For years I was under the impression that renovating a home was an investment. However, when I look up return on investment for typical home renovation projects, it appears that even the most high-value renovations (kitchens, bathrooms) seem to return only 80% at best of the investment. Is home renovation ever a good investment or is it simply consumption spending?
In general, no, not in a strict monetary sense. (As @MrChrister noted in a comment.)
The primary exception to this, for me, would be in the case of a DIY renovation and a house-flip.
Given an outdated house in a good neighbourhood, and spending a reasonable amount on a selected set of renovations could make the house saleable to a different target audience, which might be willing to pay more than the dollar cost (including your labour) of the renovations themselves.
The accepted answer here is astounding to me. Saying that renovation is generally a bad investment is insane.
Appropriate capital investments in a property add to the value of the property if done right, period. "Appropriate" is the key word -- high-end features in a starter home do not add monetary value.
While you don't get a dollar for dollar return for the money invested in a particular project, you also need to consider the opportunity cost of not doing the work. That aging kitchen, furnace or those ancient windows have a real, measurable impact on the cost of your home. You need to balance the cost of renovation against the loss of value due to the aging out of various parts of the house.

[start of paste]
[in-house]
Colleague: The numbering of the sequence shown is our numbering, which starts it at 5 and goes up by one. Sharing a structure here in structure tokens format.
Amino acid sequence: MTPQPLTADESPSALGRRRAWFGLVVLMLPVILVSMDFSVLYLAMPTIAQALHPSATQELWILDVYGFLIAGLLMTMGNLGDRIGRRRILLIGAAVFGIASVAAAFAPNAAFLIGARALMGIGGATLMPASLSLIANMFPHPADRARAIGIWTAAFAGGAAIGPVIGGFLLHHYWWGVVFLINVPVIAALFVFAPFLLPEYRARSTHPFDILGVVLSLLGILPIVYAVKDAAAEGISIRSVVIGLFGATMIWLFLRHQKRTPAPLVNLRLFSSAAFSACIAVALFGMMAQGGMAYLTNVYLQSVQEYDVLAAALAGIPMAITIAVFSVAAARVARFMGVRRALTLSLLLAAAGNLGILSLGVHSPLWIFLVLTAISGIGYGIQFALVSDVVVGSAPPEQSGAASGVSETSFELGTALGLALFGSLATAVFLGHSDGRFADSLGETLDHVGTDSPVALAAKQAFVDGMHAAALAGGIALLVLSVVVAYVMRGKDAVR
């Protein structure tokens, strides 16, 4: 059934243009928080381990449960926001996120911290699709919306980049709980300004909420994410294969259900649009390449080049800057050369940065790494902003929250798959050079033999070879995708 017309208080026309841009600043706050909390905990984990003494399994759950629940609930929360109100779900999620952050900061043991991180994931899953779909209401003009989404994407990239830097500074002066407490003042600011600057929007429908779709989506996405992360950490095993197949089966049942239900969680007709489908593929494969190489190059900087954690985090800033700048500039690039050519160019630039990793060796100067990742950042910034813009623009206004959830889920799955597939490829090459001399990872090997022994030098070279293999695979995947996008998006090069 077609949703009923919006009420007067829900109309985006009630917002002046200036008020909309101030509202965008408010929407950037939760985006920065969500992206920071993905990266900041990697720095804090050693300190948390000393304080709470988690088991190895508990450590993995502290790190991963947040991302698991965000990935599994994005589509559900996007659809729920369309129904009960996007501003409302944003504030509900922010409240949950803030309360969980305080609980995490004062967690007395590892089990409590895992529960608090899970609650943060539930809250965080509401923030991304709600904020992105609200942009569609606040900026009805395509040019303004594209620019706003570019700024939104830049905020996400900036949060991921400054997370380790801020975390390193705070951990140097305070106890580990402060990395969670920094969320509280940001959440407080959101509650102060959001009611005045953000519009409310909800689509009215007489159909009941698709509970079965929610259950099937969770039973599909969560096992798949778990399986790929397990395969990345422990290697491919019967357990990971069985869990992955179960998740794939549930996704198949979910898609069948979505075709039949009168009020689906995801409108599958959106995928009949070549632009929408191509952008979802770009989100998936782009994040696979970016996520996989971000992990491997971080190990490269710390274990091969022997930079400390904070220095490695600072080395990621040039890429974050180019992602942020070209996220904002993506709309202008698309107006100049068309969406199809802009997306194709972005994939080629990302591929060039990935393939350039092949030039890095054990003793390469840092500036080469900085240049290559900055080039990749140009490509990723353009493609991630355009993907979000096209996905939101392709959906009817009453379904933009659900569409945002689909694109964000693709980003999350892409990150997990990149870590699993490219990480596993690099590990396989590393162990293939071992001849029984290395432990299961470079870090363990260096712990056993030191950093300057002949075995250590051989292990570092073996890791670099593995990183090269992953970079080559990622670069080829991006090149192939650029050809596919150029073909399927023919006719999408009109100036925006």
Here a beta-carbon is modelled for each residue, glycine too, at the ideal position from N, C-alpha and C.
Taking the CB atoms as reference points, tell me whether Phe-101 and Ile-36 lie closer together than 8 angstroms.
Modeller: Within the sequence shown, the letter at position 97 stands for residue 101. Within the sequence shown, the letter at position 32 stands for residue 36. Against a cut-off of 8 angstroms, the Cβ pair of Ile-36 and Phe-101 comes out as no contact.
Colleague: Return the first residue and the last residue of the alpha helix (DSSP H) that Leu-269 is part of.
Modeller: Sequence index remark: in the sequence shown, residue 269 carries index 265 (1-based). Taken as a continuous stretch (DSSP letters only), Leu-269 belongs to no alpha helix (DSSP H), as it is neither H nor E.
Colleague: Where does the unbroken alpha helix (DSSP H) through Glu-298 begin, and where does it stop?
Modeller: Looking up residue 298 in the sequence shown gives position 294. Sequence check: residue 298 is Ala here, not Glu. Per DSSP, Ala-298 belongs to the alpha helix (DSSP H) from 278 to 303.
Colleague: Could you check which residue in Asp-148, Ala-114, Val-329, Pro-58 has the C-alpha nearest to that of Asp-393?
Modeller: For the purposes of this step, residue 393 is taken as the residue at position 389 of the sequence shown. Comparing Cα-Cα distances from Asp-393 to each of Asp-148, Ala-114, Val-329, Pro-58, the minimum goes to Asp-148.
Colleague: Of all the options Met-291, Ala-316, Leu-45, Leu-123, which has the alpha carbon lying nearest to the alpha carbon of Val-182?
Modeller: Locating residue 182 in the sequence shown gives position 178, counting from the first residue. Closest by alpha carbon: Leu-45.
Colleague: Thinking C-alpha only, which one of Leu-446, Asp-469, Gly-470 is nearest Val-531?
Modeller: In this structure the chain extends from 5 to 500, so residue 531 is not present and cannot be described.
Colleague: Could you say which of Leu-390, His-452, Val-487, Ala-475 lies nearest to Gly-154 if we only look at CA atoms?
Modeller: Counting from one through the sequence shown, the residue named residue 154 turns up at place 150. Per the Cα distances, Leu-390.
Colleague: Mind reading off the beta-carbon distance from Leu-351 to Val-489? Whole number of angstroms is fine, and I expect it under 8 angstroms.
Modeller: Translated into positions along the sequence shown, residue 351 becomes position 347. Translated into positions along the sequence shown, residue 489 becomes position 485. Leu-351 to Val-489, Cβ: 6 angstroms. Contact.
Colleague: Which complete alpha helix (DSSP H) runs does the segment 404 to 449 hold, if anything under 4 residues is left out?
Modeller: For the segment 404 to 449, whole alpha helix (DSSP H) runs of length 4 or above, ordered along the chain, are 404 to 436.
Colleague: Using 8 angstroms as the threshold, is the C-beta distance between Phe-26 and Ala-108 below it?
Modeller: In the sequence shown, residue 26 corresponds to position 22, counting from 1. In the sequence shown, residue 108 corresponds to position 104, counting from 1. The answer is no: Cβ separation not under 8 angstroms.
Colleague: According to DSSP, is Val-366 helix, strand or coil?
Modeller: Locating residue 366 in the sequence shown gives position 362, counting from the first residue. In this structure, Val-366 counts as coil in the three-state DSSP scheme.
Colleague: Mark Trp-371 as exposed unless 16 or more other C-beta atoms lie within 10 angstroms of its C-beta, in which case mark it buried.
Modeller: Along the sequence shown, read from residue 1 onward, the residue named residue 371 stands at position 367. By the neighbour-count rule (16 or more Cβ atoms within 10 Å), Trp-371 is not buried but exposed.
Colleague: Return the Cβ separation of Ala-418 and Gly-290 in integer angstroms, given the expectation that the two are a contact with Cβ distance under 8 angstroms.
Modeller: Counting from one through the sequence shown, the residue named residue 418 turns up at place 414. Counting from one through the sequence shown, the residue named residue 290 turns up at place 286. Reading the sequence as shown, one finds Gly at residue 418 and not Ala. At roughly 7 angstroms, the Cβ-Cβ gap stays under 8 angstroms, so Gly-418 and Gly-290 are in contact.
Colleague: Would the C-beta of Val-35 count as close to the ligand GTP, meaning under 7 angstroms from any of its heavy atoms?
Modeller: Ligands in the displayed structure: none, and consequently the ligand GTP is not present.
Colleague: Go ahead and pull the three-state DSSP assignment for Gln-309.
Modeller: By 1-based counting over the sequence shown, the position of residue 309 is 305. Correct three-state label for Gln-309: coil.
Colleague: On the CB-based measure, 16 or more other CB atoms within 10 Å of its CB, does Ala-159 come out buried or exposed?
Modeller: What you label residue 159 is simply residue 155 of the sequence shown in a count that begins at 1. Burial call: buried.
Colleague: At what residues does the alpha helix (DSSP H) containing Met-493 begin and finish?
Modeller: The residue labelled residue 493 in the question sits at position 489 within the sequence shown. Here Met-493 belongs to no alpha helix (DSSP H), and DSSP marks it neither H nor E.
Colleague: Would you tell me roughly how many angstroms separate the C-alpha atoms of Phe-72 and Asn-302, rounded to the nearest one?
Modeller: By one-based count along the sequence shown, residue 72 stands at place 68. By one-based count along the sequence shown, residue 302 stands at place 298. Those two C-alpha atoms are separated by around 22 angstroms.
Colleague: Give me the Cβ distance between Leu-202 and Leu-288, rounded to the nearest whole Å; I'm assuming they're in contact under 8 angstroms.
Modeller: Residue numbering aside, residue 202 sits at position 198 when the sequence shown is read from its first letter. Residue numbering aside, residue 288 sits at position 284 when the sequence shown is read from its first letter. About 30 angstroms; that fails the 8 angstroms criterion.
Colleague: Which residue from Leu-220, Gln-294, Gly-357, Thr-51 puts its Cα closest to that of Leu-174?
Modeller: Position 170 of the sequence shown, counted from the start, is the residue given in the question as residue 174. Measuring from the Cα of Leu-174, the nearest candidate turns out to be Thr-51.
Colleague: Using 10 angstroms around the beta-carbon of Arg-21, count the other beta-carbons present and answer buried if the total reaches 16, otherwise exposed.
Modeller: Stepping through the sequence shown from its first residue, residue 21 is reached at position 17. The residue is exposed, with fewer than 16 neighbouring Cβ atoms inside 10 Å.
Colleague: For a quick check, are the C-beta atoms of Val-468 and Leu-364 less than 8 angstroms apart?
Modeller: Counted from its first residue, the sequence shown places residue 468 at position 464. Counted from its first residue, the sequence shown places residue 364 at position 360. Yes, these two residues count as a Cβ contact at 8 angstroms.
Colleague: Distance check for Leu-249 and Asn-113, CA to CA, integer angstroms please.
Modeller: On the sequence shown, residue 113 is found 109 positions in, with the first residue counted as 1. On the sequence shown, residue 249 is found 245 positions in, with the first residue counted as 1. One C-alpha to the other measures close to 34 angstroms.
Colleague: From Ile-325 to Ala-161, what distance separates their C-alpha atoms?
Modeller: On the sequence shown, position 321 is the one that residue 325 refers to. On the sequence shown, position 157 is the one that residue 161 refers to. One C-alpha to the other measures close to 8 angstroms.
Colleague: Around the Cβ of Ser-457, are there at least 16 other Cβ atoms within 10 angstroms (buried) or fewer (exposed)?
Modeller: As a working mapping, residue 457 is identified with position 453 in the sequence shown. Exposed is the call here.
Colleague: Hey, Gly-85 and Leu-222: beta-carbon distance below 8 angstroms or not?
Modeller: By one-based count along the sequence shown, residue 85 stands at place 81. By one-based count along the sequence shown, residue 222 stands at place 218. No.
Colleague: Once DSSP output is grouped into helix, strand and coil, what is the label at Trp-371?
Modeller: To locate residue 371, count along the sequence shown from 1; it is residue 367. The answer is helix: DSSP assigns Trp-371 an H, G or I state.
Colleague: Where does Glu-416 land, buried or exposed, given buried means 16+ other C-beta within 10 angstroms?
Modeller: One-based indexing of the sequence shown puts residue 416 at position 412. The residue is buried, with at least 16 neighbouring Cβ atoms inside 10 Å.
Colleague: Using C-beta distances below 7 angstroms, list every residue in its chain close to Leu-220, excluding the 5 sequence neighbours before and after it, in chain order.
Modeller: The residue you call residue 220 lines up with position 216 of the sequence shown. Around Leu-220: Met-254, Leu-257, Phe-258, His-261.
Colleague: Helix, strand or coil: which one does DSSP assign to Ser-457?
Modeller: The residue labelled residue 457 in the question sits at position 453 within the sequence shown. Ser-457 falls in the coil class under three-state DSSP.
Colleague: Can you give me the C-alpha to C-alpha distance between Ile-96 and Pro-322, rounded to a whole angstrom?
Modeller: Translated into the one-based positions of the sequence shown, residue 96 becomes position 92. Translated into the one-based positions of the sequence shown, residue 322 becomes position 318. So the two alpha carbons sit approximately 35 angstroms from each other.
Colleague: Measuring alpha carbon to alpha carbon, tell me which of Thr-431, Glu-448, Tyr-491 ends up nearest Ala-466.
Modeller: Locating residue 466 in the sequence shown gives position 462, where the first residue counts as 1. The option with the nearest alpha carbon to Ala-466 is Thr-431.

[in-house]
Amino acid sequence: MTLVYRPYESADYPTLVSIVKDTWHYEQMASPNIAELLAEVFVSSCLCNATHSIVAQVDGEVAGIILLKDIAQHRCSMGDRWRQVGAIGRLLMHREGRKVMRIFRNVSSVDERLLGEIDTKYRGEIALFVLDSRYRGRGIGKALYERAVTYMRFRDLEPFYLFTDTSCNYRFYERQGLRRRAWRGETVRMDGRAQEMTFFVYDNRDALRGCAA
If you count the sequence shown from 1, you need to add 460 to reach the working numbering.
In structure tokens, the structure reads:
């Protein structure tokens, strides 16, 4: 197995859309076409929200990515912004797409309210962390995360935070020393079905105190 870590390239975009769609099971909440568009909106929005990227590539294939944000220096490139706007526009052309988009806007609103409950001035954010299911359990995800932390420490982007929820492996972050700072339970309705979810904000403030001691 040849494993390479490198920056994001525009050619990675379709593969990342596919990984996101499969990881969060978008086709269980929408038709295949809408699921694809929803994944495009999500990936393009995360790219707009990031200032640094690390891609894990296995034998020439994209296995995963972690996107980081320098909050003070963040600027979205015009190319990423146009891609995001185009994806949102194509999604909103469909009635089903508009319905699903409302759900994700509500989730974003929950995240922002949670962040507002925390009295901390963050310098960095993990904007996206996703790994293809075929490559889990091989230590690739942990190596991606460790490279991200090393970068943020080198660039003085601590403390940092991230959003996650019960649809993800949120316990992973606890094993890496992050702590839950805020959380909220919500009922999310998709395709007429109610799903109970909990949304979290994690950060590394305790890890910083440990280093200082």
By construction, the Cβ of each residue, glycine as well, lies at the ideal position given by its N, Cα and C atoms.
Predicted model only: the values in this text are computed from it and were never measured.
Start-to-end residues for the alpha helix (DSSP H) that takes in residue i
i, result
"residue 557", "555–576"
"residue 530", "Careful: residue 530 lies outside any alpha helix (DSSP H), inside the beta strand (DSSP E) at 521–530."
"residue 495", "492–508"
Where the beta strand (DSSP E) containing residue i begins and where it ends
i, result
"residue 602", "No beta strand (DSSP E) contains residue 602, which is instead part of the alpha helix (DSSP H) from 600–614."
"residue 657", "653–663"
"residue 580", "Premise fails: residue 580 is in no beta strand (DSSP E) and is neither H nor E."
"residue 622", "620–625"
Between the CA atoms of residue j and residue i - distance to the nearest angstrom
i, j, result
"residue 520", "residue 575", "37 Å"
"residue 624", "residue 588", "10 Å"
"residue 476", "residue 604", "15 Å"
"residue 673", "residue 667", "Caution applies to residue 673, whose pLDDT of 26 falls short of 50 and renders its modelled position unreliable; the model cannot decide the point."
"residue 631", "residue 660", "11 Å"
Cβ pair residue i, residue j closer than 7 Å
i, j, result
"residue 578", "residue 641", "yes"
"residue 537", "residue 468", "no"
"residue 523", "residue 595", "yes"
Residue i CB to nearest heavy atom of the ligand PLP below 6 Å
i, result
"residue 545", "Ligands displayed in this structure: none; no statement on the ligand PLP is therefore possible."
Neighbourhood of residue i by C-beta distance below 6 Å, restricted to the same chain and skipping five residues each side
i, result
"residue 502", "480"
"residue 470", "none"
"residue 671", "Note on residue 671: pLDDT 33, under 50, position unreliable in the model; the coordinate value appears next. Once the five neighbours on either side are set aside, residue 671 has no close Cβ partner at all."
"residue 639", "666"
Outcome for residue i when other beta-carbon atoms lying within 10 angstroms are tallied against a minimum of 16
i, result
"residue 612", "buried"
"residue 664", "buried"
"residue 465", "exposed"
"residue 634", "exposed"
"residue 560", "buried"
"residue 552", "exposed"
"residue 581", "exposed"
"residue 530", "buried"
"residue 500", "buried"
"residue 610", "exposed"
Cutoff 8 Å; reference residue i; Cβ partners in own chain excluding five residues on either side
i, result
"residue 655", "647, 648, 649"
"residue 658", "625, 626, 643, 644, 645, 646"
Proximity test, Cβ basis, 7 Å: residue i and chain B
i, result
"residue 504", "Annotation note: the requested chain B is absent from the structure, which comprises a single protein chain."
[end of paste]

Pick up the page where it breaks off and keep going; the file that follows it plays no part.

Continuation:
In a rising housing market it's possible to make real returns. I once rented a house to someone who bought houses in need of renovation, did them up, lived in them the required time to comply with UK tax laws and then sold them on. It was his sole occupation and he was doing very well; he never missed a rental payment to me and his children were at a very expensive private school.
He was part of a group that did the same. Although he never did quite as well himself, I recall him proudly telling me that one member made over £250,000 profit in a single transaction, that's after subtracting the renovation costs.
However, all that occured a good 8 years ago when the housing market was very boyant. I expect the story for this group to be different today but I still think that one can at least break even, if not make a small profit, by updating a kitchen that's really run down and putting off buyers.
Conventional wisdom seems to be that renovating homes generally doesn't improve the value more than the cost of doing so. On the other hand, clearly some are able to make a profit from purchasing, renovating, and flipping homes.
Remodeling magazine publishes an annual cost vs. value report for 101 US cities. I'm not sure how reliable this data is, especially given that this magazine is representing the remodeling industry, but at least it's a start.
The increase in value after renovations is likely a market-specific condition that can change over time and vary by market location. It seems apparent that if the cost of home renovation labor and materials is low vs. the price demanded by real estate, it would encourage renovation and new home building and indicate that renovation is likely a good investment.
Of course, then there are the usual obvious caveats: don't add a $100k kitchen to a $200k home, yada yada yada.
There's a good brochure by the Appraisal Institute that gives some good general hints for homeowners considering renovations. Probably the most reliable way you can get an estimate of the expected increase in home value prior to actually performing renovations is to either apply for a home renovation loan, or hire a certified appraiser yourself. He or she can appraise the present value of your home and then look at plans as well as a contractor's proposal and value the expected value of the home once renovations are completed.